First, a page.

How do archives and other cultural institutions such as museums determine the boundaries of a particular community, and of their own institutional reach, in constructing effective strategies and methodologies for selecting and maintaining appropriate material evidence? This book offers guidance for archivists, record managers and museums professionals faced with such issues in their daily work.
This edited collection explores the relationships between communities and the records they create at both practical and scholarly levels. It focuses on the ways in which records reflect community identity and collective memory, and the implications of capturing, appraising and documenting these core societal elements – with particular focus on the ways in which recent advances in technology can overcome traditional obstacles, as well as how technologies themselves offer possibilities of creating new virtual communities.
It is divided into five themes:
- a community archives model
- communities and non-traditional record keeping
- records loss, destruction and recovery
- online communities: how technology brings communities and their records together
- building a community archive.
Readership: This book will appeal to practitioners, researchers, and academics in the archives and records community as well as to historians and other scholars concerned with community building and social issues.
Introduction to the series - Geoffrey Yeo
Introduction: Communities and archives – a symbiotic relationship - Jeannette A. Bastian and Ben Alexander
PART 1: A COMMUNITY ARCHIVES MODEL
1. ‘It is noh mistri, wi mekin histri.’ Telling our own story: independent and community archives in the UK, challenging and subverting the mainstream - Andrew Flinn and Mary Stevens
2. Special, local and about us: the development of community archives in Britain - David Mander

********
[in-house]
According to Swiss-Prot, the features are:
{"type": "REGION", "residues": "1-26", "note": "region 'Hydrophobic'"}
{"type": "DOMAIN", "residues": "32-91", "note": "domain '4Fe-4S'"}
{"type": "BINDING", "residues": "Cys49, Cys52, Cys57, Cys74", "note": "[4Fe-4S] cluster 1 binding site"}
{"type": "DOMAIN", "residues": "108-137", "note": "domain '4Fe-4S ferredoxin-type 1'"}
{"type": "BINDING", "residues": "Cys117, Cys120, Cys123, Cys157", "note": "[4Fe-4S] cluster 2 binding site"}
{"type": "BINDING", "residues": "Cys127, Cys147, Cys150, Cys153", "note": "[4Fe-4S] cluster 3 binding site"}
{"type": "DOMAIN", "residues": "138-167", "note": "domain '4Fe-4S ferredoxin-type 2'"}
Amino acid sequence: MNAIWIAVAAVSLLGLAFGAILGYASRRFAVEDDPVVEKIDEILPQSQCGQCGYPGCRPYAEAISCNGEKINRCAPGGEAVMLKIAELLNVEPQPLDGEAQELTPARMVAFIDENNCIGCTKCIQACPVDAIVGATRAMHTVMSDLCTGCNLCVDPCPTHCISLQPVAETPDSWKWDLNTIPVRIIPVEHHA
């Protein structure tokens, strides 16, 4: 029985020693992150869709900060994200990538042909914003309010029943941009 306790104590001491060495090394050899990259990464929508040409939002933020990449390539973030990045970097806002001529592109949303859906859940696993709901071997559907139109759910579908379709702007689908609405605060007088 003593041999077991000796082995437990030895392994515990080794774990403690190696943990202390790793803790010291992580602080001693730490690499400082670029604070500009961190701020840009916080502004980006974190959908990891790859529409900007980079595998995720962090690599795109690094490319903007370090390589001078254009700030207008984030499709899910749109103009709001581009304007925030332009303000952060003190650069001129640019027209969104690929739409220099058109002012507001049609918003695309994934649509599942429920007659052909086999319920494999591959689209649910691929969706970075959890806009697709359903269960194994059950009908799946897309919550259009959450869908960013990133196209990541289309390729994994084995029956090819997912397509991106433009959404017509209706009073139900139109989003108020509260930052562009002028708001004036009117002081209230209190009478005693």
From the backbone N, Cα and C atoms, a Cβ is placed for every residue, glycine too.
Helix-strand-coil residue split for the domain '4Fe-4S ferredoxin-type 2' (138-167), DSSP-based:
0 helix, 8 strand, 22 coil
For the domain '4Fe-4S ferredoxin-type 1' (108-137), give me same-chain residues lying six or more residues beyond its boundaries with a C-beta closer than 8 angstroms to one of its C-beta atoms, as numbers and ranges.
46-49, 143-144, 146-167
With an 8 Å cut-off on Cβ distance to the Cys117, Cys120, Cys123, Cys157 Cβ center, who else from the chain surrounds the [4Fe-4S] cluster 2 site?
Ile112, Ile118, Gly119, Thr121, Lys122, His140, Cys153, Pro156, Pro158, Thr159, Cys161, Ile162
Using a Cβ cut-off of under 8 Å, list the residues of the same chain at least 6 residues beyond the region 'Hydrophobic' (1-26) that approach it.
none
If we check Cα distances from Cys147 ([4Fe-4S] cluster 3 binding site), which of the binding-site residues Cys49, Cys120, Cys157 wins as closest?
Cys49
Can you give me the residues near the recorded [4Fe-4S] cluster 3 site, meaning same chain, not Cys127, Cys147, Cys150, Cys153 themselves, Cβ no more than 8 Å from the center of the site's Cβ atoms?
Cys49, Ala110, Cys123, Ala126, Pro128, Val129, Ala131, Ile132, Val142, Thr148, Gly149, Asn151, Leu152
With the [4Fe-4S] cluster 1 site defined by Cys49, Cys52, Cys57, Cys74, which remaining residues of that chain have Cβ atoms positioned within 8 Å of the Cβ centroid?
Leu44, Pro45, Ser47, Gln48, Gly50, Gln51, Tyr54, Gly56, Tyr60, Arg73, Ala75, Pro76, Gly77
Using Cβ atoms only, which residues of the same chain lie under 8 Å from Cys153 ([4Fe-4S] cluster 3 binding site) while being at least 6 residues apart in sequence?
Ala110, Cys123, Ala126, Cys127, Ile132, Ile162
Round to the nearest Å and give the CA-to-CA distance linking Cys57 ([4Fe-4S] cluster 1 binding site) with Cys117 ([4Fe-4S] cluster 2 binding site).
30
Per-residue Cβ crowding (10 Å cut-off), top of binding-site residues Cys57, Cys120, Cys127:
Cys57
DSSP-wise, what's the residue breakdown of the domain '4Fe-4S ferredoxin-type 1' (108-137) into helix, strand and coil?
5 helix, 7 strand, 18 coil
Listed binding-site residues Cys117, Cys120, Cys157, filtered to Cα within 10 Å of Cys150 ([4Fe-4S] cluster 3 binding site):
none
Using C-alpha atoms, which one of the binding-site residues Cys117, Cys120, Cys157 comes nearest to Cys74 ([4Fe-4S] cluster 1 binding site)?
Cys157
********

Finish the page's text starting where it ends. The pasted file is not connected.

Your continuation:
PART 2: COMMUNITIES AND NON-TRADITIONAL RECORD KEEPING
3. The Single Noongar Claim: native title, archival records and aboriginal community in Western Australia - Glen Kelly
4. Oral tradition in living cultures: the role of archives in the preservation of memory - Patricia Galloway
5. We are our memories: community and records in Fiji - Setareki Tale and Opeta Alefaio
PART 3: RECORDS LOSS, DESTRUCTION AND RECOVERY
6. Archiving the queer and queering the archives: a case study of the Canadian Lesbian and Gay Archives (CLGA) - Marcel Barriault
7. A living archive, shared by communities of records - Eric Ketelaar
8. Truth commissions and the construction of collective memory: the Chile experience - Joel A. Blanco-Rivera
PART 4: ONLINE COMMUNITIES: HOW TECHOLOGY BRINGS COMMUNITIES AND THEIR RECORDS TOGETHER
9. From Yizkor Books to weblogs: genocide, grassroots documentation and new technologies - András Riedlmayer and Stephen Naron
10. Co-creation of the Grateful Dead sound archive: control, access and curation communities - David A. Wallace
PART 5: BUILDING A COMMUNITY ARCHIVE
11. ‘All the things we cannot articulate’: colonial leprosy archives and community commemoration - Ricardo L. Punzalan
12. Overcoming anonymity: Kittitians and their archives - Victoria Borg O’Flaherty
13. Always queer, always here: creating the Black Gay and Lesbian Archive in the Schomburg Center for Research in Black Culture - Steven G. Fullwood
Conclusion: The archivist and community - Richard J. Cox
"..required reading for anyone responsible for the shaping of memory"
- Business Archives
"An inspirational practical guide to defining community identity with records and archives…The gripping narrative, the chronology, the citations and the data in every single essay demonstrate admirable passion and valuable experience…This mega-resource pools information and experience from every corner of the information and physical world. It is a must-read for professionals who wish to enhance their understanding of how records and archives shape human memory or who want to develop a deeper understanding of their roles and responsibilities as info pros in archives, museums or records institutions."
- Information World Review
"...an important addition to the recent discourse about the meaning and purposes of archives."
- The American Archivist